Password Security

Interview with data journalist Sebastian Vollnhals

The first time I encountered a password was when my four years older sister tried to prevent me from entering her secret play bunk. Upsettingly enough she didn’t give the password to me and I was locked out. As an adult however, I use passwords every day for many purposes: logging into accounts, retrieving my emails, accessing applications, databases, networks, websites, and also my subscriptions. Moreover, this is the case for every typical computer user.

If one password tells us how to verify the user, what does a collection of several passwords tells us? And what happens when the passwords are no longer a secret? To find out more I talked to a data journalist. Sebastian Vollnhals worked half a year on the project Heatscore with the Infographic Group in Berlin, and I asked him if he could explain it to us further:

What can this information be used for?

The point in data journalism is of course to give people insight to the information and to trans­ form that information into something that people can understand and benefit from. But in a broader sense; for the information security realm it would contribute to a deeper understanding how passwords are constructed. The more we understand how people behave, what’s on their minds and what the patterns are, the more we can check if these patterns apply in specific passwords and from there make an assumption of how good a password really is. This is helpful information to contribute to improve data security. Even when you type a password that fulfills the policies that are in place, it still adheres to a lot of the patterns. It is no longer a good pass­ word when patterns show that it is more predict­ able than a random password and thereby more vulnerable.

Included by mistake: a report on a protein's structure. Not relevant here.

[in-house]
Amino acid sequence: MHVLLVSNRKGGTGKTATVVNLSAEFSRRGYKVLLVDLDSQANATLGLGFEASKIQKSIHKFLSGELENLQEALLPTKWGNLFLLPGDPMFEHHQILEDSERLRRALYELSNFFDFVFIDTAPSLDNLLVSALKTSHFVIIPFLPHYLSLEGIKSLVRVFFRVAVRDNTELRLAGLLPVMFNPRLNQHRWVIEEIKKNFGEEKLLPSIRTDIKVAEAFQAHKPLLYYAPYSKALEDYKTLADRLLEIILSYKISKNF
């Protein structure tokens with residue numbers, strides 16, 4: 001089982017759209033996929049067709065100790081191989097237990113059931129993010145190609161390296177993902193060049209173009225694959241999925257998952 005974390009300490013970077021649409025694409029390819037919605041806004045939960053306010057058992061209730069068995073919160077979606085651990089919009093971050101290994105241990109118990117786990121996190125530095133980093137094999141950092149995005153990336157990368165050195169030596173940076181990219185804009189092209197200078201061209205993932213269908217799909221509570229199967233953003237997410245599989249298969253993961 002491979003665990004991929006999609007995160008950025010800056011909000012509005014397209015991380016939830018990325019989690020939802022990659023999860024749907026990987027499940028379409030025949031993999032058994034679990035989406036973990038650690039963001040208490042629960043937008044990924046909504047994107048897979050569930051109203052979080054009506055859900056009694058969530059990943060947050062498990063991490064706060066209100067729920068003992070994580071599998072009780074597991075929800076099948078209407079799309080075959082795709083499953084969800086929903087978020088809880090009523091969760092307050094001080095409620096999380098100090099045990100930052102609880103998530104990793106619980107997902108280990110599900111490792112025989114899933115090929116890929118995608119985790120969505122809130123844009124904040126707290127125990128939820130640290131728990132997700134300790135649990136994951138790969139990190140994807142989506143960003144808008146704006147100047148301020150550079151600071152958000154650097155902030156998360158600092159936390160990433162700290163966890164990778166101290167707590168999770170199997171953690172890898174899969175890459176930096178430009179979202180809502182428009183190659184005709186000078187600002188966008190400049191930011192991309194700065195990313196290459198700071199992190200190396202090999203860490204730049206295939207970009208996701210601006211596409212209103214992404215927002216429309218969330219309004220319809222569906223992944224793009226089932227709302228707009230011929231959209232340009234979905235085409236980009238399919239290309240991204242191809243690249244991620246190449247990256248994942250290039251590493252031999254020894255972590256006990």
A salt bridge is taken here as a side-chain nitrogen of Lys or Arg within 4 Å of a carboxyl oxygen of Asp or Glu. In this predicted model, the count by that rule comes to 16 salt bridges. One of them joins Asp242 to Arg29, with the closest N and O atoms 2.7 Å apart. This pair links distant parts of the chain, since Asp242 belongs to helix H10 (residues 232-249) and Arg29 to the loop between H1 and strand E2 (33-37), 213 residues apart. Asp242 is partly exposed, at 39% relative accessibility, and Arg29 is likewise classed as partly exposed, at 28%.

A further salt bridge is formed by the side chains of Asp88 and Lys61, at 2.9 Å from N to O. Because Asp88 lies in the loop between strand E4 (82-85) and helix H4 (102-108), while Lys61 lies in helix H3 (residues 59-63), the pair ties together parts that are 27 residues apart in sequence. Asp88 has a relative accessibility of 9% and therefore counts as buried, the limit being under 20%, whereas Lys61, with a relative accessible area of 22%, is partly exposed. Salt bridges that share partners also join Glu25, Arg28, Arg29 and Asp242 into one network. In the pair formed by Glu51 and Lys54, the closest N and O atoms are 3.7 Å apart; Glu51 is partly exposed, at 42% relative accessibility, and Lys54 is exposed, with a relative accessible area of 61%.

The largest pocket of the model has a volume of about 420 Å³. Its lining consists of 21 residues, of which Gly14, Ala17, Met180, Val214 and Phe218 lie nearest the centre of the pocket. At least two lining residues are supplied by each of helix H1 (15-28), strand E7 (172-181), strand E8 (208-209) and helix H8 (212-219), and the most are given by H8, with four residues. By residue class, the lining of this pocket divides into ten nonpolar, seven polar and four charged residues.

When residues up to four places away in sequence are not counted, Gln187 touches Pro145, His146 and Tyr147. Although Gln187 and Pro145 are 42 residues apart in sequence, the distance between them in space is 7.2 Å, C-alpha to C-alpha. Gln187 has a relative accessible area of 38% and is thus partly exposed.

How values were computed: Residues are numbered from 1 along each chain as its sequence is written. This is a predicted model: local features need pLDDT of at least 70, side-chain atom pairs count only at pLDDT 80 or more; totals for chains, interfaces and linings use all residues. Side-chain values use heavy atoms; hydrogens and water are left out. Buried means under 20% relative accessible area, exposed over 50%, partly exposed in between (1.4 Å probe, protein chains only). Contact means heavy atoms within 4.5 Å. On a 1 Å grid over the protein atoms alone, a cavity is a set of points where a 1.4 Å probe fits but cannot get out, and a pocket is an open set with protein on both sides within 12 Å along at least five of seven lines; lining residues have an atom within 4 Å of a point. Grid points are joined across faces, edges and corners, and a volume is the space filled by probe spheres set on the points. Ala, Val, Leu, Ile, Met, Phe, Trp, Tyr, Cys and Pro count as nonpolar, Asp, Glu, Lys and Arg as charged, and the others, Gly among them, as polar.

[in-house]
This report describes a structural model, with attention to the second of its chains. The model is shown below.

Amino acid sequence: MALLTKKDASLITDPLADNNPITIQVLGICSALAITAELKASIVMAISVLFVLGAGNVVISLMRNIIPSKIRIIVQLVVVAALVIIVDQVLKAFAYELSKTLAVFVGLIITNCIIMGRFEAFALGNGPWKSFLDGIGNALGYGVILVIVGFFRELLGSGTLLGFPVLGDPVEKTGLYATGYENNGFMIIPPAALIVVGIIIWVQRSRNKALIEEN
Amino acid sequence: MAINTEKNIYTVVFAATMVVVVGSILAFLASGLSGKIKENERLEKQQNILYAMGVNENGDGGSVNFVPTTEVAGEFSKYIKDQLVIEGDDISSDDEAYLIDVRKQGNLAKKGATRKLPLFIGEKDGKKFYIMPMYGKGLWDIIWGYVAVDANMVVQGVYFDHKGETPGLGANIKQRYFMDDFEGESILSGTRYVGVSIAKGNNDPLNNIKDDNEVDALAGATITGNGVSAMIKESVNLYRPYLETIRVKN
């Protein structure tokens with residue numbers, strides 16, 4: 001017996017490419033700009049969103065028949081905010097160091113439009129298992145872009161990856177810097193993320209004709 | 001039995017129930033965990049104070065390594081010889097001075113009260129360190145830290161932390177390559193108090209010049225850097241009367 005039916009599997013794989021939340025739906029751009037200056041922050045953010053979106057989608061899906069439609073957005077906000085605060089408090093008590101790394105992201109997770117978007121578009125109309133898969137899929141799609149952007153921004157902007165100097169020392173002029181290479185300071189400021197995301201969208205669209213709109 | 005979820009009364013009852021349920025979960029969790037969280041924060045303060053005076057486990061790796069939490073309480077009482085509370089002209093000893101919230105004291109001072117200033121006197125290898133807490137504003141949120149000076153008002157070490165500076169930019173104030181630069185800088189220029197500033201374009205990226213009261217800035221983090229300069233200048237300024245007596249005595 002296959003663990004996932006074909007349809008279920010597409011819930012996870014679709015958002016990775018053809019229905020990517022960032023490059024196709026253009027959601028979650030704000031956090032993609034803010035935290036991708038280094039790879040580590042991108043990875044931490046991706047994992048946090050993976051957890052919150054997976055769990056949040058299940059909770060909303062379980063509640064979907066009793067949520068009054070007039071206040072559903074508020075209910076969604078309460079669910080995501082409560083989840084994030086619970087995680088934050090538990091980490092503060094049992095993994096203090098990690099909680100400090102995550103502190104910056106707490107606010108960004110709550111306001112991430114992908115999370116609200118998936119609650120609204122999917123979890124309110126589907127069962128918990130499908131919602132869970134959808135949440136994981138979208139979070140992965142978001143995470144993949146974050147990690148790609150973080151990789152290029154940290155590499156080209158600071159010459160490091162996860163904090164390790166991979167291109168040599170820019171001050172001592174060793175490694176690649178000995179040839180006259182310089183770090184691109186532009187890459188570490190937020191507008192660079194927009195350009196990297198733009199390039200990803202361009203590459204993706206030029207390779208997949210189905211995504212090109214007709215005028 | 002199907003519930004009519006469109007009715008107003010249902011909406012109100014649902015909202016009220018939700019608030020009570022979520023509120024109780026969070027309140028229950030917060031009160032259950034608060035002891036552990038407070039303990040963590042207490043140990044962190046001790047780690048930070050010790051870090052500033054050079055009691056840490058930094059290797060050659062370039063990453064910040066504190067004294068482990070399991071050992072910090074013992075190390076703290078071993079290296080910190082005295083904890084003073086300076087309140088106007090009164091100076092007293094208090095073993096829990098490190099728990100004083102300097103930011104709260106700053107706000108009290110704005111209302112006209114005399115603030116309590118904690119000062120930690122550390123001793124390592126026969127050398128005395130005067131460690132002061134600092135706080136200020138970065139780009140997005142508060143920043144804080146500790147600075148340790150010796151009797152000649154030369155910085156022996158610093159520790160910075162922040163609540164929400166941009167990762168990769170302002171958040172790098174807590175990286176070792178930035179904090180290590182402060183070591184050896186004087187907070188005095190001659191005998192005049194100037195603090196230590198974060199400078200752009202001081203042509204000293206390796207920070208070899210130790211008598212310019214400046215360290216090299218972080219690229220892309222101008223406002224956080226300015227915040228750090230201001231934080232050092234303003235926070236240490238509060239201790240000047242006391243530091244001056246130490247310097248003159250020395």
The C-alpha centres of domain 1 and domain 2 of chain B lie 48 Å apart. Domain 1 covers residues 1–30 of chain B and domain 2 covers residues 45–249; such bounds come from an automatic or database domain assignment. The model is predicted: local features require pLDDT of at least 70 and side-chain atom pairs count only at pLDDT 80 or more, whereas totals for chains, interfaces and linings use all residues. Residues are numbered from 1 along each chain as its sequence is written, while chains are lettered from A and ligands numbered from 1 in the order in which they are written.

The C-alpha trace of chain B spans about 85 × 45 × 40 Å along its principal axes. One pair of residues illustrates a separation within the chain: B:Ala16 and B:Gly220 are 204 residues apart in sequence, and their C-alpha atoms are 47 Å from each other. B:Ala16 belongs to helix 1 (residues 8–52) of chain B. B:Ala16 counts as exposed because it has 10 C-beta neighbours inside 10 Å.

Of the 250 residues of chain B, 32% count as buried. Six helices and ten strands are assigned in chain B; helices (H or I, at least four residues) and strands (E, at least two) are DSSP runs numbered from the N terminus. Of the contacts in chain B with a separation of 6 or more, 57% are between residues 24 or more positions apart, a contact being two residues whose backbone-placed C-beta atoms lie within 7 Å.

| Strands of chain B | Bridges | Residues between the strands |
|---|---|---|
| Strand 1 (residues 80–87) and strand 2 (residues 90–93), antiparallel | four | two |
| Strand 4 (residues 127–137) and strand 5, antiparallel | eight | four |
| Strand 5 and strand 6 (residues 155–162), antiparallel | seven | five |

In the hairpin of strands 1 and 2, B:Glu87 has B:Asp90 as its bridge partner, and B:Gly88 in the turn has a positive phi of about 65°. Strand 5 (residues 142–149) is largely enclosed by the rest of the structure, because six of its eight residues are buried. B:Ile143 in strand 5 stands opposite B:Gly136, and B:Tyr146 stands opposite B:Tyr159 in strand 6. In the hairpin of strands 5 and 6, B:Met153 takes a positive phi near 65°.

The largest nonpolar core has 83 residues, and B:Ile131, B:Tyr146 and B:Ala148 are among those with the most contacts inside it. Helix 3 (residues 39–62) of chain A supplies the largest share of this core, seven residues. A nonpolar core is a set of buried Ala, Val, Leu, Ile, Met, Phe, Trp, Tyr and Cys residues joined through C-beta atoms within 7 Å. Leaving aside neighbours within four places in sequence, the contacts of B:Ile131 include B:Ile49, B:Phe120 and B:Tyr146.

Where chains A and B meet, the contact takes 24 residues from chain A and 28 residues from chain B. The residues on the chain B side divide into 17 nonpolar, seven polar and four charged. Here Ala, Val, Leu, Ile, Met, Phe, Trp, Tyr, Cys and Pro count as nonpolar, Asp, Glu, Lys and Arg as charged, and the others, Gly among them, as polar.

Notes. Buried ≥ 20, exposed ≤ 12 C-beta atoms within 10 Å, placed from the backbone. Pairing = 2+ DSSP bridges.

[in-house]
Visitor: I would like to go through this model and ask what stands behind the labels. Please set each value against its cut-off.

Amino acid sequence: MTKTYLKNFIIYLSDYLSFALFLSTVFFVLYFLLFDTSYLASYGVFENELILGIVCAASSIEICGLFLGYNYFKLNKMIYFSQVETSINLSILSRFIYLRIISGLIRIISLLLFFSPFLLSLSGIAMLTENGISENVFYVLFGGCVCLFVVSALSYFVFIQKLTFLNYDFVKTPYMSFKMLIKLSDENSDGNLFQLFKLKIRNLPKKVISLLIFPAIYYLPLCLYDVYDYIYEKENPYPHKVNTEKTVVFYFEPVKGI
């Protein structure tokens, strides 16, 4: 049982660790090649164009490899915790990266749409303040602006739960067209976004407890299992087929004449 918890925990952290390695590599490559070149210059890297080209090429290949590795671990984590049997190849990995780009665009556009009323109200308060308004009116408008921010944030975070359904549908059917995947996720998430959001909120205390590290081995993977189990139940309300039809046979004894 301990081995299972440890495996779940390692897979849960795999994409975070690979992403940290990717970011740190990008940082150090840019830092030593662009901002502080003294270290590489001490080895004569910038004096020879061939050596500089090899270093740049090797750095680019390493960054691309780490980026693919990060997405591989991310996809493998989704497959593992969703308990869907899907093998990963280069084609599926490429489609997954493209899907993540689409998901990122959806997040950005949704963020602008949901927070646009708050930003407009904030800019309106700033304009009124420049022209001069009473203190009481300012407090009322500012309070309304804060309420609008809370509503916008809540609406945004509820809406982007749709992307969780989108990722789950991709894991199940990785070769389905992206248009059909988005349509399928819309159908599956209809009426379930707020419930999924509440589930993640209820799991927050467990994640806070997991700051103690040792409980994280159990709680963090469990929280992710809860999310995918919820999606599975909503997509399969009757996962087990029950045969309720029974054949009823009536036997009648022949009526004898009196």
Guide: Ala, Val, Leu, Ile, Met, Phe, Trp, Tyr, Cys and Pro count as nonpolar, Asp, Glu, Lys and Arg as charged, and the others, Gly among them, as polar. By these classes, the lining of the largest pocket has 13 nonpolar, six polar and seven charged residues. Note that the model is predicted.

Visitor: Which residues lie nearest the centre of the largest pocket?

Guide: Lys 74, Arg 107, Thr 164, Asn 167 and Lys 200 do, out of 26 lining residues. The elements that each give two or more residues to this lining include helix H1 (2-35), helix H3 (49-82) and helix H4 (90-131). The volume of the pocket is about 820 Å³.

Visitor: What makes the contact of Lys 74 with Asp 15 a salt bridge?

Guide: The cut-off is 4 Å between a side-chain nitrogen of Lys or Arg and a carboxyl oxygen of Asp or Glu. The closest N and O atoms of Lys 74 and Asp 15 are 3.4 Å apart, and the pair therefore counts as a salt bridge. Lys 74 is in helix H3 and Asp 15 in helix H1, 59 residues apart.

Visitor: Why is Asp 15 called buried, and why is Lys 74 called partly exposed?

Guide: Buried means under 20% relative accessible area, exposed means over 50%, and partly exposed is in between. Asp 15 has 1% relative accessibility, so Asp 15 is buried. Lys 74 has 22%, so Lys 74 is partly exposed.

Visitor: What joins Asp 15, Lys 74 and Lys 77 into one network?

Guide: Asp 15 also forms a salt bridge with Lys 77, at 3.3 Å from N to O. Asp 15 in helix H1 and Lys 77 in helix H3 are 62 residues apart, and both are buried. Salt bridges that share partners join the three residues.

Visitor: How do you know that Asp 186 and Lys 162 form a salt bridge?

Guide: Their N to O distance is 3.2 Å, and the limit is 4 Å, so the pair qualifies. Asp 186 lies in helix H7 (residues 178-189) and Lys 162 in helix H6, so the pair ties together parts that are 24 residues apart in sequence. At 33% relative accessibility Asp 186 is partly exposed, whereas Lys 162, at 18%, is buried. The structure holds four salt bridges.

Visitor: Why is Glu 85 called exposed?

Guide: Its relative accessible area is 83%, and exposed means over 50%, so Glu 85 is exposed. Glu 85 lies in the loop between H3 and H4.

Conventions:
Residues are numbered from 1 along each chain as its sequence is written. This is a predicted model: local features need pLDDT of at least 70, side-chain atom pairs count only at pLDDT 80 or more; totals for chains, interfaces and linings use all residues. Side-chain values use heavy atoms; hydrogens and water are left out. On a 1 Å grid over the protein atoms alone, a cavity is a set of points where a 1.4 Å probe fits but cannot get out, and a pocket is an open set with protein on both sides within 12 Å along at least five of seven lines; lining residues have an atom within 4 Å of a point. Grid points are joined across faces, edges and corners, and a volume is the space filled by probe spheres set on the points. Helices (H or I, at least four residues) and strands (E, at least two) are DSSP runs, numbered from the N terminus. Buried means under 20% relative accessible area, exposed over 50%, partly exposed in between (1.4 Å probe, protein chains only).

Tell us about the project

The project in itself came to be in the view of the so far largest leak, the largest collection of com­ promised user accounts that surfaced in the be­ ginning of 2019. The so­called collection or collection No.1 in the beginning. Later on, there was also a second release, called collection No.2­5. All in all, it was a big collection of compromised data.

It all originated from what is in the media called the Dark Web, places where illicit actors on the internet meet for exchange and trade. These places are like underground forums where people can sell for example stolen credit card data, hacking tools, fraud tools or services for criminal activity. And also compromised user accounts. It is pretty common for these actors to simply hack into websites, compromise the database, dump all the data and from there sell it of for a profit.

There are even sites where buyers can closeout the information exclusively, meaning only they have the data. And it is possible to buy data that is not exclusive, everyone can buy it, and there­ fore not guaranteed if you can defraud someone when everyone knows the data as already tried.